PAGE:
Talk

Advanced search

Autism and Trans

(38 Posts)
ItsAllGoingToBeFine Fri 17-Nov-17 22:00:15

Firstly, apologies, I seem to be starting an awful lot of threads at the moment.

I just read this article and am totally exasperated at the lack of critical thinking by the author. They state that

Research demonstrates an increased prevalence of autistic children and young people who are gender questioning or identify as trans.

And the article continues to say how you need to listen the child and not label them etc then segues seamlessly into affirming their chosen gender, and how to teach them new rules for their new gender etc.

I don't understand why an organisation purporting to advocate for people with autism doesn't even consider for a second that the increase in prevalence in people with autism is because of their autism, and that perhaps affirming and transitioning them may in fact not be in their best interests.

network.autism.org.uk/knowledge/insight-opinion/supporting-trans-and-gender-questioning-autistic-pupils

DJBaggySmalls Sat 18-Nov-17 12:46:53

That reads like it was written by someone who supports transitioning in adults, not someone who advocates for autistic children. It doesnt surprise me at all that transing seems to make sense to kids who have autism.
If someone tells an autistic child the reason they feel awkward or different is because they are in the wrong body, that will make perfect sense to them. They may well believe if they present themselves differently they'll be better understood. They cant question it in the same way a non autistic adult would, and they wont play or experiment with it in the way a non autistic child might.
Listen to children but you dont put them in charge of life changing stuff. I'm always amazed that people who would be horrified at a child getting a tattoo or piercing will support them changing sex.

Stopmakingsense Sat 18-Nov-17 15:06:36

I have an older child who is on the autistic spectrum and identifies as trans. What staggers me is that the gender difficulties here are treated as absolute and unchanging (although some reference to challenging stereotypes). The only thing which is unchanging about an autistic child is the autism.

There is lots of information about how young people with autism can struggle with their gender identity for a few years, for it to resolve itself further down the line. That is not to say they should be dismissed or not supported, but even WPATH suggests encouraging autistic people to look at a neutral option.

Looks more like a recruitment drive to me.

Ava6 Thu 23-Nov-17 05:12:31

Female aspies r very logical, much less empathetic than NT women and see right through sexist BS of gender due to that. I know this because I am one. Some are also highly sexual. All this makes them GNC feminists, not trans. In fact, HFA women r walking proof that sexed brains are nonsense. It's beyond sickening that the trans cult is now preying on them.

Ava6 Thu 23-Nov-17 05:23:36

What's even scarier is that most autistic women& girls go undiagnosed well into adulthood or their whole lives. Their no. could be as high as 3 in 4. Not knowing what's wrong with them makes them very vulnerable to the trans folk offering a "solution". It took me a whole decade of research to figure out that I have ASD. I feel like I dodged a bullet by never considering the " wrong body" brainwashing.

IndominusRex Thu 23-Nov-17 07:06:58

Sophie Walker was tweeting about autism and eating disorders/ mental health the other day. I cannot square that with her party's support for trans when there is such an obvious link there. Surely she must know?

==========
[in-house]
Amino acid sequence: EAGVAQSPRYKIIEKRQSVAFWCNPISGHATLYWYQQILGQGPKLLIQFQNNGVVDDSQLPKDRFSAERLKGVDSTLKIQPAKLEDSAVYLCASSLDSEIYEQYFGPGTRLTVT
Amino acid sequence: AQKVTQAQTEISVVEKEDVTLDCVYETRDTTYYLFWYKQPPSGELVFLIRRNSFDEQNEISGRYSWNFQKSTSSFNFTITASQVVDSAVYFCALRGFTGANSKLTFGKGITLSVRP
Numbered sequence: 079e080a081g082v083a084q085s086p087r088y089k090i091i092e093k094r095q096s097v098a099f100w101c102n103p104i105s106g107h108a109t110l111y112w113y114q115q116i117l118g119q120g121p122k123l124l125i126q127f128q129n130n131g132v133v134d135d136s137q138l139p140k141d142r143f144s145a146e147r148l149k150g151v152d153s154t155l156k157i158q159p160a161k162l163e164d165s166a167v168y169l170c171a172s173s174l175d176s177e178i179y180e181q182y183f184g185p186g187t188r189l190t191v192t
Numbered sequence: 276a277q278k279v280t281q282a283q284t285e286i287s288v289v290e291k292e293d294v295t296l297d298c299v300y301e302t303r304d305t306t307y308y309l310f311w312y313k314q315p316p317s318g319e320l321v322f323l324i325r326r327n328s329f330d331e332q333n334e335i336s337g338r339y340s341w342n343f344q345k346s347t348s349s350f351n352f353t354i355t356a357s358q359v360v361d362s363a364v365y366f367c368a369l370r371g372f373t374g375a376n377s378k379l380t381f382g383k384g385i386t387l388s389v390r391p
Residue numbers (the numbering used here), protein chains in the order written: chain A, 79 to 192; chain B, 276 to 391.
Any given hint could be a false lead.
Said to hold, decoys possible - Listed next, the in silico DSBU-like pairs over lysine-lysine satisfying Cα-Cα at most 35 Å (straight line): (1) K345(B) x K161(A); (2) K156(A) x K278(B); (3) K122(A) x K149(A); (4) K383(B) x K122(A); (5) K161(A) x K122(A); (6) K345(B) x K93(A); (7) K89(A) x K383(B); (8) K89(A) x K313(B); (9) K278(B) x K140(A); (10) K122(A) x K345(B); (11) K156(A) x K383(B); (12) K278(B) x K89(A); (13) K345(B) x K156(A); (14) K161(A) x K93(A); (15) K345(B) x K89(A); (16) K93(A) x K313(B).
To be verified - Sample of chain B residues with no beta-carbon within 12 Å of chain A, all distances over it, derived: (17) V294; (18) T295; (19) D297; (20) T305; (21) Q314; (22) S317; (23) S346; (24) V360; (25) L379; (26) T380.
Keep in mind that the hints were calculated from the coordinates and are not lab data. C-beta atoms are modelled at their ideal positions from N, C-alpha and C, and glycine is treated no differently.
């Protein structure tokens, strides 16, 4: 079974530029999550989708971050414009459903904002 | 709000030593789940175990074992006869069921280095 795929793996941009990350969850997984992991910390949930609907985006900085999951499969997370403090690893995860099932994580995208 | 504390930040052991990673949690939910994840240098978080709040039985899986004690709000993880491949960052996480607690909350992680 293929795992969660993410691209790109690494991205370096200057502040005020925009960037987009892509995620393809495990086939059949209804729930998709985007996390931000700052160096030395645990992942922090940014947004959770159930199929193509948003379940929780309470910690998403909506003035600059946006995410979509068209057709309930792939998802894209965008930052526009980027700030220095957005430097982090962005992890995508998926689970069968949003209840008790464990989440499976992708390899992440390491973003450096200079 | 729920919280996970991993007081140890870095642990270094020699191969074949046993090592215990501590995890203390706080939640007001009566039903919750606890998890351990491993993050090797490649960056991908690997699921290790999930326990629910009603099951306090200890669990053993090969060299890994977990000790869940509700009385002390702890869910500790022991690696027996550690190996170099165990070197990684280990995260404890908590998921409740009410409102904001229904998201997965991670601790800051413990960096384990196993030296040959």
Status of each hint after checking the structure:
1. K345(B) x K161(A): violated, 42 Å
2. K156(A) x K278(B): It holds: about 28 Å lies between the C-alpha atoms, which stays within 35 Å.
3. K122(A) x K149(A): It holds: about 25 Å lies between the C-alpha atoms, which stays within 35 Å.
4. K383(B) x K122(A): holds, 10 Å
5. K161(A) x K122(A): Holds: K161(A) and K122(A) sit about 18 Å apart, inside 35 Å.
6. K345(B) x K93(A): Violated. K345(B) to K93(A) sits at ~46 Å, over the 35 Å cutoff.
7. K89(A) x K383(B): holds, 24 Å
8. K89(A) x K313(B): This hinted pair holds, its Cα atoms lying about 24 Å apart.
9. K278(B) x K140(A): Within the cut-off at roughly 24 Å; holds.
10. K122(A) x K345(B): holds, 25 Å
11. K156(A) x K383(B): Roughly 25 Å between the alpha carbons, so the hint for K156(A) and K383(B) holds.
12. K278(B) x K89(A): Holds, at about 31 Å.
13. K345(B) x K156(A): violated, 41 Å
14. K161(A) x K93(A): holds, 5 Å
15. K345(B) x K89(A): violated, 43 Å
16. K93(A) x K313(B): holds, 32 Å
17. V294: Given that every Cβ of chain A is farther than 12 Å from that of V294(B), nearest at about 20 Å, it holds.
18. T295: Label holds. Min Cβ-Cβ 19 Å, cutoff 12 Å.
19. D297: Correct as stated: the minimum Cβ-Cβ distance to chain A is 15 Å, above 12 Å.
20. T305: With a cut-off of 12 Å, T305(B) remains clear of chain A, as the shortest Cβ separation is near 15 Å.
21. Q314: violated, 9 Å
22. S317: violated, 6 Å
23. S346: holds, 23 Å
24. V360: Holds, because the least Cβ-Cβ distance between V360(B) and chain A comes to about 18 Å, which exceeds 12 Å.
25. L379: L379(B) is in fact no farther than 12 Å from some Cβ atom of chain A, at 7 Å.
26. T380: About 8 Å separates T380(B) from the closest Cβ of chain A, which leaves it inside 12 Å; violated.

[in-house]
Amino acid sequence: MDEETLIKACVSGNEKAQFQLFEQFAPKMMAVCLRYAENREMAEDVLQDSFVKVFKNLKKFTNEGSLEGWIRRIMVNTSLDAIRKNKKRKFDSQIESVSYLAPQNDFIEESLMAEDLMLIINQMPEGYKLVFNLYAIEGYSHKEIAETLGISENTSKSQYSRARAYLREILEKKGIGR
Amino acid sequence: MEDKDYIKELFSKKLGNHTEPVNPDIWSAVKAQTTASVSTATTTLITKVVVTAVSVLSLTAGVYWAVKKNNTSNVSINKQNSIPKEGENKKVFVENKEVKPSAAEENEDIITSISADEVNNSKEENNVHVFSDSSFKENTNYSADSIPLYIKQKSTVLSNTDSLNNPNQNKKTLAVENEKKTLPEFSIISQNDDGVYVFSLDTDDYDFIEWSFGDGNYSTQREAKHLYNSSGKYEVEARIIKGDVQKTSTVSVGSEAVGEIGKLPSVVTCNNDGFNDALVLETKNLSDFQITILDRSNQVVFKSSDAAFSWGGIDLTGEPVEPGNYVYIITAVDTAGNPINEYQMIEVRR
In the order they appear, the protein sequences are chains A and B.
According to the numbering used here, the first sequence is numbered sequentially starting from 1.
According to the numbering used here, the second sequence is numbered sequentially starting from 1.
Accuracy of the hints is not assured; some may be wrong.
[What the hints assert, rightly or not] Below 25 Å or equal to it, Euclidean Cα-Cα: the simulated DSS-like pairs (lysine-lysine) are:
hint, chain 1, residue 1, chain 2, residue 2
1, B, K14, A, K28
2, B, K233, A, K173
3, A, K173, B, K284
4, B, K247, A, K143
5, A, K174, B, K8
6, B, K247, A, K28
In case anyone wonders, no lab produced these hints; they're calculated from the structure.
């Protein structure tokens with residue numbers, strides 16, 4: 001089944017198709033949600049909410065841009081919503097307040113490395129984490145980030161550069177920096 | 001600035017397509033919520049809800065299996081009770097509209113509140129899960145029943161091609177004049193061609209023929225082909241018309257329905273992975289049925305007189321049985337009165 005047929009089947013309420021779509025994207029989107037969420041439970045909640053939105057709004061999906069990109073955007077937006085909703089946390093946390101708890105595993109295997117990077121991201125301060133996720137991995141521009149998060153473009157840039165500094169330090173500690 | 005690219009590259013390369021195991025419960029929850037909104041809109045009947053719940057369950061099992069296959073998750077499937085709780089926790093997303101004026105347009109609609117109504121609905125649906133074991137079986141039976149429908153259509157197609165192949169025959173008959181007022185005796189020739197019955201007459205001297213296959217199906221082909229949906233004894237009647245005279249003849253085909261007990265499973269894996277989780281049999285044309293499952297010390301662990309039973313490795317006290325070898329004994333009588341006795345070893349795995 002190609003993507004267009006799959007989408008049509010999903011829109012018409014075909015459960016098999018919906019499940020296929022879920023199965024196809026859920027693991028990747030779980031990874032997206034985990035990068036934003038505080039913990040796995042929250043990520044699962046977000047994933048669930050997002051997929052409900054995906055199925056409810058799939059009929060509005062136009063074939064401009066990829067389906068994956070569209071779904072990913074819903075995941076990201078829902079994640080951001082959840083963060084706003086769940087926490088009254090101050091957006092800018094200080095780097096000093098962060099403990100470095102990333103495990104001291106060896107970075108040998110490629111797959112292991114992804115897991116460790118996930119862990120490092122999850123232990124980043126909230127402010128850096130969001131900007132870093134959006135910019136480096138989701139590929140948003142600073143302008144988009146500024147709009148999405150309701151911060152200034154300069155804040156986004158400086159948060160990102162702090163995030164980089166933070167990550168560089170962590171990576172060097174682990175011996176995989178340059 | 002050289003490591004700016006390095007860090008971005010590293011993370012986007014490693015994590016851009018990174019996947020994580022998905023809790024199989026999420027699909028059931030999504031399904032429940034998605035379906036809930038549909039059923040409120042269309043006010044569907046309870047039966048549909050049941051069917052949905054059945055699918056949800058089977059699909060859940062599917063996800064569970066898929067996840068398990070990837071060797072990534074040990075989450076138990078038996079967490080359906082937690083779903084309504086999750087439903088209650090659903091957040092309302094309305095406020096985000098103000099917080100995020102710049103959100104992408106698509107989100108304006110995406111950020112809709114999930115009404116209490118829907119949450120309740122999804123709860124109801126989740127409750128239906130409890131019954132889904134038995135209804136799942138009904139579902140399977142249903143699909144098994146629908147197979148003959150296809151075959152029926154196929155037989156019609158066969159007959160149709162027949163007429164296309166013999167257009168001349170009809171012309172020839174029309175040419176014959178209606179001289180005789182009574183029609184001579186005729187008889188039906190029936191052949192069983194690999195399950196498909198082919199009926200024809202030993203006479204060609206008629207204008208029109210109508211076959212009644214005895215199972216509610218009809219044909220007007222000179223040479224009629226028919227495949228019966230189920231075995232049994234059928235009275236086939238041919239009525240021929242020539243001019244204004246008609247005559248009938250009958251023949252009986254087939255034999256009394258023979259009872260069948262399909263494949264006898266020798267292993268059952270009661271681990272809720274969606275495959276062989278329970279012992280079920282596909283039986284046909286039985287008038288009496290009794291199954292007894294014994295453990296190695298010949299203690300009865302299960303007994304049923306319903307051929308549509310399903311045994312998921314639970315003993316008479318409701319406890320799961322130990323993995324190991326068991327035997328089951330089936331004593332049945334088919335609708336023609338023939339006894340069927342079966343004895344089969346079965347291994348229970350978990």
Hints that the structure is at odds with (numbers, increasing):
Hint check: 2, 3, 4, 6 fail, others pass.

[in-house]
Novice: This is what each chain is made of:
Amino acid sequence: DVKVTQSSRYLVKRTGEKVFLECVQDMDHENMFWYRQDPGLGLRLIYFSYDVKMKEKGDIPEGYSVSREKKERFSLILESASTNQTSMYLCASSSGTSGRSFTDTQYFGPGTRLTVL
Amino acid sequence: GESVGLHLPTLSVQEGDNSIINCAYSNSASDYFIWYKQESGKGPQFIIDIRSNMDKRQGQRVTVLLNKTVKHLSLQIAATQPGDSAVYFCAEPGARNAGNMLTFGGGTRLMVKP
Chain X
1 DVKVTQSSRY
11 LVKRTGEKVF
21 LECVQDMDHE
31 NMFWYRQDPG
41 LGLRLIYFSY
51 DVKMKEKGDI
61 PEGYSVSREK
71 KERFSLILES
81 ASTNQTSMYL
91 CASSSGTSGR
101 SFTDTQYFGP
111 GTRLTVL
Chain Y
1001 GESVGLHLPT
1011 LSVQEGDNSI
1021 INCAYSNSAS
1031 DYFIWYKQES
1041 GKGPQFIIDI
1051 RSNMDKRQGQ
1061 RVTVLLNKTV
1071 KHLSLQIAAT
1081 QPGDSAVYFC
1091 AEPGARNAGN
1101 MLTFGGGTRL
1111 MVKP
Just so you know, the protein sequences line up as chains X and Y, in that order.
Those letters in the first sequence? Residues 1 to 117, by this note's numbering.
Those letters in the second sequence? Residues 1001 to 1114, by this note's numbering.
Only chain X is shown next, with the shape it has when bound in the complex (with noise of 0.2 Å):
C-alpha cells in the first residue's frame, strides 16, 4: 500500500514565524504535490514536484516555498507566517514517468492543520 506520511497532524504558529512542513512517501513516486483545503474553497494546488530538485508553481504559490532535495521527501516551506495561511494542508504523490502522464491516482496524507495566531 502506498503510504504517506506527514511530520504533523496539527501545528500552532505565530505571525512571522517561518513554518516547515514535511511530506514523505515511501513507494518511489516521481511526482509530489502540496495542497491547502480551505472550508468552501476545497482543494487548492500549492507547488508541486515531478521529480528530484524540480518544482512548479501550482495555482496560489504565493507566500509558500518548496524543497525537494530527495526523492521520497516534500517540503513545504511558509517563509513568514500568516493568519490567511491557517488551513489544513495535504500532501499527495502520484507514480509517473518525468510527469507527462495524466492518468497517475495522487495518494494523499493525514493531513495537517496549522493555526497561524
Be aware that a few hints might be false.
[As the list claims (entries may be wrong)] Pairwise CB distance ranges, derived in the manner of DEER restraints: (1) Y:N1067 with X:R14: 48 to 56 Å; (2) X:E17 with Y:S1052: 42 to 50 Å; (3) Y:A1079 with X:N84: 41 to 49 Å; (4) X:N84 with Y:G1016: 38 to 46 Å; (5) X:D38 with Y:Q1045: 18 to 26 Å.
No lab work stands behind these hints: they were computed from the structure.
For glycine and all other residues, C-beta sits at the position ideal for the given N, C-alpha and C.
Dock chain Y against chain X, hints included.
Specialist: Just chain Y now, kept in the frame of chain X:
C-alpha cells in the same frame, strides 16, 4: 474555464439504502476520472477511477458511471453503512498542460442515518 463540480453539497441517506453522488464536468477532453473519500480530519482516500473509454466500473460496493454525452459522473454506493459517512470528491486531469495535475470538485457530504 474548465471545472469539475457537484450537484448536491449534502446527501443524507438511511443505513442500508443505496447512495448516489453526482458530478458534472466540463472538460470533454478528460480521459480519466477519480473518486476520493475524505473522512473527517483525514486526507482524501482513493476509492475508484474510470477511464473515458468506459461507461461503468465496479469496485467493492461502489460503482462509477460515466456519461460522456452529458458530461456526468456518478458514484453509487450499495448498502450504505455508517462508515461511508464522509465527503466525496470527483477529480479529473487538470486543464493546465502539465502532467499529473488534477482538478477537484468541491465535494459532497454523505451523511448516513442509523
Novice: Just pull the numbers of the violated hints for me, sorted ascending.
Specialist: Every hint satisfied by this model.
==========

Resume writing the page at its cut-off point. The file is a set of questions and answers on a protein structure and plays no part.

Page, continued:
Micaela64 Thu 23-Nov-17 08:14:49

A lot of people on the Autistic spectrum are prone to black and white thinking, generalising and stereotyping. The world can be very confusing/intense for them so it's comforting to put people into boxes. They may believe if they like stereotypical boy things they're really a boy and same with girl things. I hope they really know what they're doing.

norahnamechange Thu 23-Nov-17 08:31:20

DJBaggySmalls has it nailed. This is written by someone who is an advocate for adults wanting to transition.
All these adults dabbling, meddling, grooming (and I use the word deliberately) in children and adolescent's lives with zero qualifications and zero interest in their welfare - just their own overwhelming desire to change the world in their own narrow image.

Dougthepug Mon 19-Feb-18 17:38:21

As someone on the spectrum I do often feel quite marginalised by regular society. I would imagine that many autistic people do feel like outcasts at least at some point in their lives. I fitted in when I was younger but as I've aged the gap between myself and neurotypical women in particular has widened immensely. As soon as I came to the realisation that i'm very possibly autistic, I started to spend more and more time on autistic forums. I felt such an amazing sense of relief to finally find my tribe and i've found myself identifying more as a person on the spectrum than as a woman. I don't feel accepted by many 'normal' women and have been bullied and ostracised by women both at work and socially. Men generally leave me alone and seem to accept me as I am much more. I think that if I was twenty years younger and I found myself on forums promoting transitioning I may have been susceptible to the idea of being in the wrong body. As it is, I'm well into my thirties and very aware that it's a spectrum issue.

TheGoalIsToStayOutOfTheHole Mon 19-Feb-18 17:47:13

This link really needs to be investigated more.

Same as the link between 'transboys' and sexual abuse.

lilPeeky Mon 19-Feb-18 19:13:06

This was where I came into this issue. Autism creates a feeling of being an outsider. You do not understand why you are different, why you do not fit in, why there is a big barrier in communication, in relationships. If you don't understand it then you look to understand why. Is it something about you that is wrong? Are you adopted? Are you an alien? Are you in the wrong body? It has to be something major because it affects everything about you. Worse still for an autistic child who fears change like the devil, they reach puberty and suddenly the body changes. You would do anything to avoid being out of control. To avoid change. When I was a child 40 years ago I knew something wasn’t right. I even wanted to change my name to a gender neutral one. But I’m not trans. Was never trans. Just terribly frightened of growing up. And an undiagnosed autistic. I’m just glad I dodged the bullet and didn’t have the current fad to contend with. Because if someone comes along and tells you it’s actually yes you are in the wrong body for your gender I might well have accepted that.

It concerns me greatly. It’s dangerous and potentially abusive to autistic people.

nationalpost.com/opinion/susan-bradley-how-trans-activists-are-unethically-influencing-autistic-children-to-change-genders